So, the odds of anyone who is dead caring what you say about them are very slim. On the other hand, while they’re alive, your words can actually be very damaging. So, I think a good mantra to live by, is that we should just treat people as if we think they are dead, we’ll probably have a much more peaceful society.

The outsider test for faith

I decided to start the discussion on why people believe in god with an atheist argument, John Loftus’ outsider test for faith, simply because it is relevant to the entire discussion.

The test is simple, not really designed for use in a debate, but things don’t always turn out as they were intended. The outsider test is more of a reflective exercise for religious people to take, in order to test whether their beliefs are worthwhile.

The test would involve a believer asking themselves what they think the good reasons for their belief are, and would they accept the same arguments if they were presented for another deity. If the answer is no, then the believer has already rejected it as a good reason, and would either have to accept their reasoning as inconsistent, or would be compelled to acknowledge they don’t have any good reasons for believing it. This would normally result in disbelief, but people do cognitive dissonance quite well, so it wouldn’t always happen.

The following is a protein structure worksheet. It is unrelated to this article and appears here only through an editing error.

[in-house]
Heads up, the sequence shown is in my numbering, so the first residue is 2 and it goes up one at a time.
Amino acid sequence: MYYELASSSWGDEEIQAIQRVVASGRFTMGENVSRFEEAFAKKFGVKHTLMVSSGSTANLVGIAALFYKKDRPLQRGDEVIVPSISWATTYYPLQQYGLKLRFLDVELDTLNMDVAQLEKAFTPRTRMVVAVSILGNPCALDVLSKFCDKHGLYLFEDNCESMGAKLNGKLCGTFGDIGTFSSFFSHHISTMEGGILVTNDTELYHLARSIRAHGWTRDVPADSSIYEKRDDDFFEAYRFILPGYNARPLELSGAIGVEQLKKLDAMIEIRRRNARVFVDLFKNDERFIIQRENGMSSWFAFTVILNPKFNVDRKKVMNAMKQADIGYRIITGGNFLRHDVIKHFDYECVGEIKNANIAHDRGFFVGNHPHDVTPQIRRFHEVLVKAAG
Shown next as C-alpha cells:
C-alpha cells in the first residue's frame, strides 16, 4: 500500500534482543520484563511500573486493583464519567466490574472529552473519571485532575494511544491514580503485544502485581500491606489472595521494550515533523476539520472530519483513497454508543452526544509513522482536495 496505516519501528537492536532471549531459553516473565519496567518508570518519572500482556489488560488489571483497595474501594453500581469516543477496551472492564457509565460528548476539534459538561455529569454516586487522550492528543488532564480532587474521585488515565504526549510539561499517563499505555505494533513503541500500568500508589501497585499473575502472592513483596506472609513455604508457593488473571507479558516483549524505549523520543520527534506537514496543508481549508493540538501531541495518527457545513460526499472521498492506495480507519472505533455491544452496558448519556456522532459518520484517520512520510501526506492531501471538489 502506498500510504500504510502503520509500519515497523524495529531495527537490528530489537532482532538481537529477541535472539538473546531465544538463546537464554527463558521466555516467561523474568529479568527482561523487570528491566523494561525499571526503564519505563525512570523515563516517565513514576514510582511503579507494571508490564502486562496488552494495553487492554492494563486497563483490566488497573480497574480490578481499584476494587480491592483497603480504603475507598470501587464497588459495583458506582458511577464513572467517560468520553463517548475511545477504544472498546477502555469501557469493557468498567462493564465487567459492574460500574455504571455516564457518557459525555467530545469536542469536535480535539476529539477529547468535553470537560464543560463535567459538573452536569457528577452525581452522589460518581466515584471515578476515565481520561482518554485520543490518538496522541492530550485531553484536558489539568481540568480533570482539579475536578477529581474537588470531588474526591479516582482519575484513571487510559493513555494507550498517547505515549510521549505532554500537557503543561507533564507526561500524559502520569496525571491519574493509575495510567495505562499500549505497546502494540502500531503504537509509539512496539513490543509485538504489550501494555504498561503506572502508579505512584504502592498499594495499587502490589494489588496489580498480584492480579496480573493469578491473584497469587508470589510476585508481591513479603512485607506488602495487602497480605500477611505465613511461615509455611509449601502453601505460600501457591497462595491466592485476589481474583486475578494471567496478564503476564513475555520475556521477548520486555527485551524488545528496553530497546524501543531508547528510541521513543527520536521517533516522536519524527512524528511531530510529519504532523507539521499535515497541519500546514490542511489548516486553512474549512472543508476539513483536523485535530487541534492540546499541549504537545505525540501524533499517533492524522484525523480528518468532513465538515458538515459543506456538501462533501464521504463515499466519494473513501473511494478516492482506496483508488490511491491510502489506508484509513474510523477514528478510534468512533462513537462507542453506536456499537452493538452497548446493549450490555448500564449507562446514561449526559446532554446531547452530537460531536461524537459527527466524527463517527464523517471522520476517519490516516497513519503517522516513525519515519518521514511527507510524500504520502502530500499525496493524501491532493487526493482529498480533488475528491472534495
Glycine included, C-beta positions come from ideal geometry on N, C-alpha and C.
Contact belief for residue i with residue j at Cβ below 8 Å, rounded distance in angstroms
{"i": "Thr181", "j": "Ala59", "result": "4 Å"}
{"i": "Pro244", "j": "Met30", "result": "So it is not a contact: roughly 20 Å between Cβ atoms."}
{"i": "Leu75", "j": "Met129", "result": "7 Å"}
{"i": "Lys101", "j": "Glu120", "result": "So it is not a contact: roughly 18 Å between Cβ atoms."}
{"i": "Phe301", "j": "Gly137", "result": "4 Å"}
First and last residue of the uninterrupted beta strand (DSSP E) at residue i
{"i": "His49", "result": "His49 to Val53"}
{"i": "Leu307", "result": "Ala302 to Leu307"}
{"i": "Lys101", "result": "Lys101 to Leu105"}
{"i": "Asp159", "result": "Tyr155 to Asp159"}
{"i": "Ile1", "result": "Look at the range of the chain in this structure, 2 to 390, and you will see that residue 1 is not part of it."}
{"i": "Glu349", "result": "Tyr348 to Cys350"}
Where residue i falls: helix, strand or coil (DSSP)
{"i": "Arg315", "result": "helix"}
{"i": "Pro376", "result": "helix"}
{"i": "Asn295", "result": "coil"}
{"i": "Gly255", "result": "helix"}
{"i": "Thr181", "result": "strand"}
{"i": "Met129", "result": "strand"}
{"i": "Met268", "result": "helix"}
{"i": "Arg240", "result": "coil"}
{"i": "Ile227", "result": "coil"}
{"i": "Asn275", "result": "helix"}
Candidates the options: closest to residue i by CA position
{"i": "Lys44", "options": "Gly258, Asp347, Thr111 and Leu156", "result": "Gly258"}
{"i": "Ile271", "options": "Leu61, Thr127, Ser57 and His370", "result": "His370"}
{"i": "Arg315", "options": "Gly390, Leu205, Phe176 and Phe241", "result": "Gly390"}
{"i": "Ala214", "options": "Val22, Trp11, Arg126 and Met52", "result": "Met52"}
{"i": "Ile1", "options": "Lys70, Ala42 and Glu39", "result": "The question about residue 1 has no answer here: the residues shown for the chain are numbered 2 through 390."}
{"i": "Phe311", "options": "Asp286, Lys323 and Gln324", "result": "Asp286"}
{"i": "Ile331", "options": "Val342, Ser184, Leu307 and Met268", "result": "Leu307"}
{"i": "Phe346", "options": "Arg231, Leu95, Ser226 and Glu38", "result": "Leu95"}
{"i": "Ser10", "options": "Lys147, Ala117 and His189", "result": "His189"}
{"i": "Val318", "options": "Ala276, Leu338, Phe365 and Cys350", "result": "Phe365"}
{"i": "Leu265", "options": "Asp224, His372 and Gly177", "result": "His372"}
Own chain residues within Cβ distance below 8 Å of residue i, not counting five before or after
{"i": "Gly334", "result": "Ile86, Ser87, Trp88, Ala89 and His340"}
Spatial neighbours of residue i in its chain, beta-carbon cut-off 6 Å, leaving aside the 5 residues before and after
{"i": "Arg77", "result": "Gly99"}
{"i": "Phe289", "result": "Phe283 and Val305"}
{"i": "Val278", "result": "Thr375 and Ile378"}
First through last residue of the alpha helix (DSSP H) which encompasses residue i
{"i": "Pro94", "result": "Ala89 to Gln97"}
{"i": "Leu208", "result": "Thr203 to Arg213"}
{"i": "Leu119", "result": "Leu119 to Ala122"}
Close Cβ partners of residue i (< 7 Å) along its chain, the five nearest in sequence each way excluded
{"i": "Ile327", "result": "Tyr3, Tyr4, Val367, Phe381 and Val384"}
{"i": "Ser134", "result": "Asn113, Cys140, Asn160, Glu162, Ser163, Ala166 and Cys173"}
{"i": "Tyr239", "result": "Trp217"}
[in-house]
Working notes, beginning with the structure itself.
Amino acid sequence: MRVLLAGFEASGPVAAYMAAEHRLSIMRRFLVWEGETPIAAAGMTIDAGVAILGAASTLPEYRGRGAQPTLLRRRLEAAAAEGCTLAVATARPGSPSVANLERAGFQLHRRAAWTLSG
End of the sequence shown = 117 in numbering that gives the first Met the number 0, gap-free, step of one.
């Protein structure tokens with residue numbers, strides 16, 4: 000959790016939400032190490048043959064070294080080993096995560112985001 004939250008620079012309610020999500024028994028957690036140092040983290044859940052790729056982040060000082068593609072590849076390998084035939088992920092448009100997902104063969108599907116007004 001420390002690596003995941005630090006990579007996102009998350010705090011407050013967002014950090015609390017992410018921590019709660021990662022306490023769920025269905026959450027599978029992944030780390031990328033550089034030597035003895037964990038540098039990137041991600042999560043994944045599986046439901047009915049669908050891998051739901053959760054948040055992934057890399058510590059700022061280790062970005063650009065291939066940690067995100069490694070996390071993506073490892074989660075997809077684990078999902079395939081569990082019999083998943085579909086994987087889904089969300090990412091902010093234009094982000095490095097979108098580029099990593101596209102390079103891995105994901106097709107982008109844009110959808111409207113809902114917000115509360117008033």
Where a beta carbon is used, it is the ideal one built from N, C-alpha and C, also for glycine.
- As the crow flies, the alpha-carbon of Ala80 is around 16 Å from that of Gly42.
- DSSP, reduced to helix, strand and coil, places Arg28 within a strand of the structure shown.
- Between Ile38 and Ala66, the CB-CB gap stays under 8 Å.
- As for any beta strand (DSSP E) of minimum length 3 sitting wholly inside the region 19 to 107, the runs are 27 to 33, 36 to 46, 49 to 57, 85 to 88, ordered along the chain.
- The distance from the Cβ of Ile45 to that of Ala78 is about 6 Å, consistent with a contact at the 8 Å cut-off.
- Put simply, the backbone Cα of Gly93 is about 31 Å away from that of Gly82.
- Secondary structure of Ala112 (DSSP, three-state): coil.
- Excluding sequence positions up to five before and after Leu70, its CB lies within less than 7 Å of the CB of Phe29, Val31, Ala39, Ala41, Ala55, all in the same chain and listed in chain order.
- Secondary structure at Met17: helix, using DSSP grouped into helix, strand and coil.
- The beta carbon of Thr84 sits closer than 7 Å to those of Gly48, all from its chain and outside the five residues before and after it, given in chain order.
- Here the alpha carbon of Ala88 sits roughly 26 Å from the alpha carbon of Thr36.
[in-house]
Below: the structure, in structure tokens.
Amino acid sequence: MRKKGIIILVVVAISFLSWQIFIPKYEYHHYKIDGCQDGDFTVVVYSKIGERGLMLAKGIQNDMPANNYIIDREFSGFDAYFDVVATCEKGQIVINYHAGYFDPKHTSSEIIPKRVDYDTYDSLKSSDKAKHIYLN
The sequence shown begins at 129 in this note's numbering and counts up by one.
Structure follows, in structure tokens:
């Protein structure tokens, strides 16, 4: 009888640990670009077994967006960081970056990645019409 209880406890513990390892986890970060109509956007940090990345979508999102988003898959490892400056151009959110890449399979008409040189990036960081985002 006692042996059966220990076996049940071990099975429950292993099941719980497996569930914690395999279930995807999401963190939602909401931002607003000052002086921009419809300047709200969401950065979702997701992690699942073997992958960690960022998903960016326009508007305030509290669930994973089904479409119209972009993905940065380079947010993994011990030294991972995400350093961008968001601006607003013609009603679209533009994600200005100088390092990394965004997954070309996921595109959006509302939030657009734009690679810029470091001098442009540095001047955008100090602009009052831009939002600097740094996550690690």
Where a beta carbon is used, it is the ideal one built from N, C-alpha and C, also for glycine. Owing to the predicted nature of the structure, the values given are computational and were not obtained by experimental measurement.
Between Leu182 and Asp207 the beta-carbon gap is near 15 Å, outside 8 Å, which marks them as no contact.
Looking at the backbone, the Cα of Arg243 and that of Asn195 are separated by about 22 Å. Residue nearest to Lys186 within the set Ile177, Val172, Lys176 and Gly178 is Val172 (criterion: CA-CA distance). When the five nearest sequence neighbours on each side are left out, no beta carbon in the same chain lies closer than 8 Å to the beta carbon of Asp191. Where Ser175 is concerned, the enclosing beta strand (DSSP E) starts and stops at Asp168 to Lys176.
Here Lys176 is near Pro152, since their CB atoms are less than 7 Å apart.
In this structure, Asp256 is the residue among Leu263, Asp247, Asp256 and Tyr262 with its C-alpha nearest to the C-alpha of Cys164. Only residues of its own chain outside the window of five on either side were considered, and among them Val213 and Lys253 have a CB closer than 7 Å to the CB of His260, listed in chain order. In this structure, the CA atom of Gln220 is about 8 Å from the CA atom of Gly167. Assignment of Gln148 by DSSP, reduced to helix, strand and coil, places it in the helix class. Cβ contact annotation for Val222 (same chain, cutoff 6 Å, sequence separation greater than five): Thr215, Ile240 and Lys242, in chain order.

Obviously using someone’s own argument against them is a powerful debating tool. There are arguments out there designed around this idea, and they can be very strong. I plan on using a specially designed one later.

It is possible, of course that some people believe all gods to be the same, but revealed through different people, in which case I’m not sure if the test would work. But this idea is pretty absurd anyway.

Christianity teaches salvation by faith, with actions not being good enough, many other religions are based entirely on ones actions when it comes to whatever form of judgment they have. Both of these positions are strongly supported fundamentals of the belief systems, and thus a conflict here, would make the theory contradictory, since one of the basics people need to understand about god, purpose and salvation two different, and mutally exclusive things.